For Susheela, the high voltage Bhakti ecstasy is not to be achieved through slow ascendance; she simply plunges into it in the very first opening line as she does in Vel. K.B.Sunderambal, Madurai Somasundram, and Bangalore Ramani Amma would have also begun their first line of Murugan Bhakti song in a high pitch and would have gone for a higher pitch with the progress of their songs as their celebratory festive ambience would have demanded it. Susheela has no such compulsions and her European audience would not have cared less had she opted for a more sober opening. However, Susheela’s first leap into ecstasy is a style that facilitates her fusion of different genres of music as evidenced in her rendering of Madurai Somu’s classic ‘Marudamalai maamaniye murugaiyya’. In the native rendering set in kanada darpari raga Madurai Somu would ascend into emotional heights only after a few syllables. Kunnakudi Vaidhyanathan’s violin accentuates Somu’s climb and the ecstatic bursts come nearly in the end. What Susheela does is to begin in the second half of the original Tamil song, and replace the native Morsing, Gatam, and violin interlude with the signing of Mian Miri Qawwals from Lahore. Followed by the Tabla Susheela launches her ‘Marudamalai maamaniye’ from a still higher pitch with a faster rhythm. The effect is terrific because of the newness of the Quwwali singing merging perfectly with the Tamil bhakti high singing. The faster rhythm does not allow Susheela to distort words and the song stays on a height hitherto unknown for a while. When she hands over the mantle back to the Quwwali chorus the similarity of rhythms smoothens the transition. Susheela’s frenzied whipping of the hair does add its visual quality to the orgasmic outbursts. In a way Susheela discovers and demonstrates the inner flow and the connectivity that exists between Quwwali singing and Tamil bhakti music.
When Susheela sings ‘Velundu maiyilundu’ with the interceptions from Quwwali musicians singing ‘Nuri Nuri’, the mixture already feels like a natural flow. It also becomes clear that the meanings of the words no longer matter to anyone except the singers themselves, and the affective dimensions of music reach the audience as pure rhythmic sounds and bodily gestures.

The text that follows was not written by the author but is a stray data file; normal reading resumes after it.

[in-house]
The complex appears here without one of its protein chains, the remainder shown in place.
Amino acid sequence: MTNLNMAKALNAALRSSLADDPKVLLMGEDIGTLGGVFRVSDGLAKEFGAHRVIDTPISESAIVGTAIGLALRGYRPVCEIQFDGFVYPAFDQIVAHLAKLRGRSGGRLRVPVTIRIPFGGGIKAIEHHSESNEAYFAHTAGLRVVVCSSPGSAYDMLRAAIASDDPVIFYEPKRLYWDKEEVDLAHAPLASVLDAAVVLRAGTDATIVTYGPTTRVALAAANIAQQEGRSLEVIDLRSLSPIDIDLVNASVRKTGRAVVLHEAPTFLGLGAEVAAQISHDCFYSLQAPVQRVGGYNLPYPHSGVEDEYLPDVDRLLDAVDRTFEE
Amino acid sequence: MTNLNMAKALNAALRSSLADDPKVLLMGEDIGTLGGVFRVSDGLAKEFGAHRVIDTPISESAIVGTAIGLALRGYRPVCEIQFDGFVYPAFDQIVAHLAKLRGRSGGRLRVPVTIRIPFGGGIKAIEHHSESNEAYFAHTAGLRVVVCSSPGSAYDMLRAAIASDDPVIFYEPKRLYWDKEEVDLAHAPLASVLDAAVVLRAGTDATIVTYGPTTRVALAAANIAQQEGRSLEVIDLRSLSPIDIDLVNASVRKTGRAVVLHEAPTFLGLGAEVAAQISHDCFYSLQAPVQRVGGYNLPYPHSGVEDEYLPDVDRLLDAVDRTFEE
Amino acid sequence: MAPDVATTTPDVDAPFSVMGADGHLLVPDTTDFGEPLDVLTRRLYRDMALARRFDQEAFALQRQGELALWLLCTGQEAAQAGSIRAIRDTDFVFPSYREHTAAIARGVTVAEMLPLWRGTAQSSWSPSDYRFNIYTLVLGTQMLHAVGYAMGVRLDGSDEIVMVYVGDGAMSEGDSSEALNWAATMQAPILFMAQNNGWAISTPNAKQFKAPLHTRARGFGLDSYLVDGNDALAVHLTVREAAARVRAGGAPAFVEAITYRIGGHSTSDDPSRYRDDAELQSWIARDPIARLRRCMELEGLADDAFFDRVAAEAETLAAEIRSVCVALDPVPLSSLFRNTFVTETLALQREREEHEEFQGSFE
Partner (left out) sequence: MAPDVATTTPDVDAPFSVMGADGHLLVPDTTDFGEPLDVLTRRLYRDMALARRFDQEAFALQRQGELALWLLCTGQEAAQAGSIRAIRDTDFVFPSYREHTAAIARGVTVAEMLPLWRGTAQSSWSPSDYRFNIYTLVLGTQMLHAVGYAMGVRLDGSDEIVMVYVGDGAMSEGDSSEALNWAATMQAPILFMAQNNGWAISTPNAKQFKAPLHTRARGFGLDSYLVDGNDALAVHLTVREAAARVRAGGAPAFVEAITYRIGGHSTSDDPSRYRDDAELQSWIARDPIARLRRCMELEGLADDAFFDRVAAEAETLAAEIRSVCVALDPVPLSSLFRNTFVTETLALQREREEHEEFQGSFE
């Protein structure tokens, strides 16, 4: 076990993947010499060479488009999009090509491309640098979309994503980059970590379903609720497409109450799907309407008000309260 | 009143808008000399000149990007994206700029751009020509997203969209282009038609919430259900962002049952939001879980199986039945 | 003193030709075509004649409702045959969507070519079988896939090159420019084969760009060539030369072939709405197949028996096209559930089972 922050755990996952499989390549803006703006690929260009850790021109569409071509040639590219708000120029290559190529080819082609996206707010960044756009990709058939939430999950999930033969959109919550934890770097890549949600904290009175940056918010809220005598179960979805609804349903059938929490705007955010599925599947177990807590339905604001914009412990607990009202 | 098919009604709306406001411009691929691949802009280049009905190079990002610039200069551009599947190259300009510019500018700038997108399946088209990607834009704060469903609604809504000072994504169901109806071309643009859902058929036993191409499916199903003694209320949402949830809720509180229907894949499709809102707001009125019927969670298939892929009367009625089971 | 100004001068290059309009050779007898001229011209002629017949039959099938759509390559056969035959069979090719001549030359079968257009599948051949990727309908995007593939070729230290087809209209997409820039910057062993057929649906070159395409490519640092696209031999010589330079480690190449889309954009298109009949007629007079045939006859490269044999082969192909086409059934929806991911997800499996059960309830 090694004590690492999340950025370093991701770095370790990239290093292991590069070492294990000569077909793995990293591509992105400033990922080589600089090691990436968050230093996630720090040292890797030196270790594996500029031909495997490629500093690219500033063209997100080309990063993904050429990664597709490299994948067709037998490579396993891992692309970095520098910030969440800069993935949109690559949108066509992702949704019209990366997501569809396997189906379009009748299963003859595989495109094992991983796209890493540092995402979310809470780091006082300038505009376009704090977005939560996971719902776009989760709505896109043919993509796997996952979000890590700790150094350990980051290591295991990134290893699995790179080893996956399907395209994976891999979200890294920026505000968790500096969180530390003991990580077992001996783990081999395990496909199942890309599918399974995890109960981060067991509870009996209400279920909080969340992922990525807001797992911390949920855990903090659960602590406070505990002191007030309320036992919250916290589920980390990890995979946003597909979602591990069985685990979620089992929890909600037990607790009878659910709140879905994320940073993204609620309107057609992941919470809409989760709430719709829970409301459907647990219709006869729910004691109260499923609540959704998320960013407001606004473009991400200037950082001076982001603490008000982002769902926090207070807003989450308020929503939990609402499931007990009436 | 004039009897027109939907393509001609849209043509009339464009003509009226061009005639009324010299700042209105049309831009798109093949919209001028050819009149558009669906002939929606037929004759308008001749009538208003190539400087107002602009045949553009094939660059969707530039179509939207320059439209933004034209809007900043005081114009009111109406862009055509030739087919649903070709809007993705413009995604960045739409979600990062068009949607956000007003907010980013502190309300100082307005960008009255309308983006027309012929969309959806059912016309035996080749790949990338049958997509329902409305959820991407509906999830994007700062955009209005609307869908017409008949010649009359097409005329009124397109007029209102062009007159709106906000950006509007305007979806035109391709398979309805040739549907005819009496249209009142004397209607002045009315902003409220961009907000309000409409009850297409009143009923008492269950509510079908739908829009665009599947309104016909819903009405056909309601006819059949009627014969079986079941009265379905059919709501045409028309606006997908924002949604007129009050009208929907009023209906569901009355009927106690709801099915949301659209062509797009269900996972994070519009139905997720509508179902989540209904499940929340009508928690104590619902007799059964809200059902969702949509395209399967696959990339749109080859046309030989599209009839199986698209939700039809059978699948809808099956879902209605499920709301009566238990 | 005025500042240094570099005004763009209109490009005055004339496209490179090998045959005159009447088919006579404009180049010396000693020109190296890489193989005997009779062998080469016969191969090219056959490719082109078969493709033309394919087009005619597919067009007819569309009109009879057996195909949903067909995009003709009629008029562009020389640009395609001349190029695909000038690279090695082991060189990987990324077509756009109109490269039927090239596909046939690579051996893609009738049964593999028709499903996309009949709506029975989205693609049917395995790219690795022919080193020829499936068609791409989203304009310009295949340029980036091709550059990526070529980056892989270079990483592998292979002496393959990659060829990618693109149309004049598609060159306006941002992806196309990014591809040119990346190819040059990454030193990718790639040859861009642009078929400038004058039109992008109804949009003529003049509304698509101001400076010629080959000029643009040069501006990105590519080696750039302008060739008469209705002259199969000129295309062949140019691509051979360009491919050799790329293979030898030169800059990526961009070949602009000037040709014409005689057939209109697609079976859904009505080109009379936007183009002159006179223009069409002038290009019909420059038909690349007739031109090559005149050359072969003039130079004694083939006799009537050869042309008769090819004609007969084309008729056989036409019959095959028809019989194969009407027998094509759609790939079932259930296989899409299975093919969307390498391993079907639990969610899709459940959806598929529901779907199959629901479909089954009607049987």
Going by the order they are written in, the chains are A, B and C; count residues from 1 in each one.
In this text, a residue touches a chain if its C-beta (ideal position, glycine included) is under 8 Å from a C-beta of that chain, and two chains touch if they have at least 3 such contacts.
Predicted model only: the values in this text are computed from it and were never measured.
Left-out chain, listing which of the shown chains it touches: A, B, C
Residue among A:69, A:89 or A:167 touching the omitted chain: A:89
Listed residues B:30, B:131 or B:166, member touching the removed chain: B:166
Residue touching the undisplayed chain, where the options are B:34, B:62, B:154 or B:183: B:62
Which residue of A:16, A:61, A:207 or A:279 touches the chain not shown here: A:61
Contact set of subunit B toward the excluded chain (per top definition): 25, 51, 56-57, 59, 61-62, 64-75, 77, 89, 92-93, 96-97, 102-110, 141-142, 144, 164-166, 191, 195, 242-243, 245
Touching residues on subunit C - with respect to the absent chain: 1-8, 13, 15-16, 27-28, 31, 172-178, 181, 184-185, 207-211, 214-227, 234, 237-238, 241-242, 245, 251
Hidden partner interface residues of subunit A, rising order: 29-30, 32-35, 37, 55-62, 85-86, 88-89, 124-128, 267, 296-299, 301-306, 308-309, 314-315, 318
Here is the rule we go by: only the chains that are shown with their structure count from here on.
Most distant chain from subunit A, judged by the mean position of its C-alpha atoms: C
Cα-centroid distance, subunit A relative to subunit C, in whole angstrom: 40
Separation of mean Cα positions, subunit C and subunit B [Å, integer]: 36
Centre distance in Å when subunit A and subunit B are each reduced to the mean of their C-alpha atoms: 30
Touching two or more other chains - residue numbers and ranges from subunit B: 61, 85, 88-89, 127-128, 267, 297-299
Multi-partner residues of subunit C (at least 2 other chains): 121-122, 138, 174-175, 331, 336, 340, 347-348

For the European audience Susheela’s eclecticism could be part of her appeal. UK-born Susheela grew up in Australia singing the South Indian classical music her Tamil parents encouraged her to train in. Her training shows its beautiful results when she when renders something soft and soulful like ‘Kamatchi”. Without the distractions of the backing band we could almost hear the Australian twangs in her classically trained voice. When Susheela’s voice itself is ingrained with such fusion one cannot really complain of the feet stomping, hands flaying, head banging, and hair flogging. Don’t we all know that world music is all about being embodied with music?
Listening through Susheela Raman’s three albums, Salt Rain, Music For Crocodiles, and 331/3 one would be surprised to learn how Tamil bhakti music’s aesthetics continues to be at the center of her works. One might even rediscover the value of Tamil bhakti music’s value in their inherited contexts. In the native contexts the bhakti music is a vehicle for devotees to achieve communion with their gods guided through the meaning of words and the ecstatic experience is the result of such communion. In the Susheela Raman variety of world music the ecstasy, and emotional heights are already there as rhythms, sounds, gestures, and ambience. Devoid of word meanings, we experience words mingling with other sounds to create pure music. Perhaps only through such channels and loss of word meanings, native Tamil bhakti music could reach out and achieve its universal appeal.
For Tamil bhakti music is both ancient and contemporary, and it is deeply ingrained in the consciousness of the Tamils living worldwide. For instance, while the poem ‘Paalum thelithenum’ is a Sangam age composition attributed to Avvaiyar, the grand old lady of Tamil poetry, ‘Marudamalai maamaniye murugaiyya’ is a film song written by Kannadasan. Along with the Saivite and Vaishnavite bhakti movements Muruga worship had seeped through Tamil history from the ancient times, and it achieved majoritarian canonical status in the fifteenth century as evidenced by the corpus of songs written by Arunagiri Nathar. Trance behavior and Tamil Muruga bhakti are intimately intertwined, and it takes a Susheela Raman to identify its potential to syncopate with other musical traditions of ecstasy such as Sufi Quwaali music of Pakistan. We do not know whether Tamil diaspora appreciates Susheela’s music. For the European audiences and even the Bangalore audiences who Susheela started enthralling recently, Tamil bhakti music’s civilizational meanings will remain remote.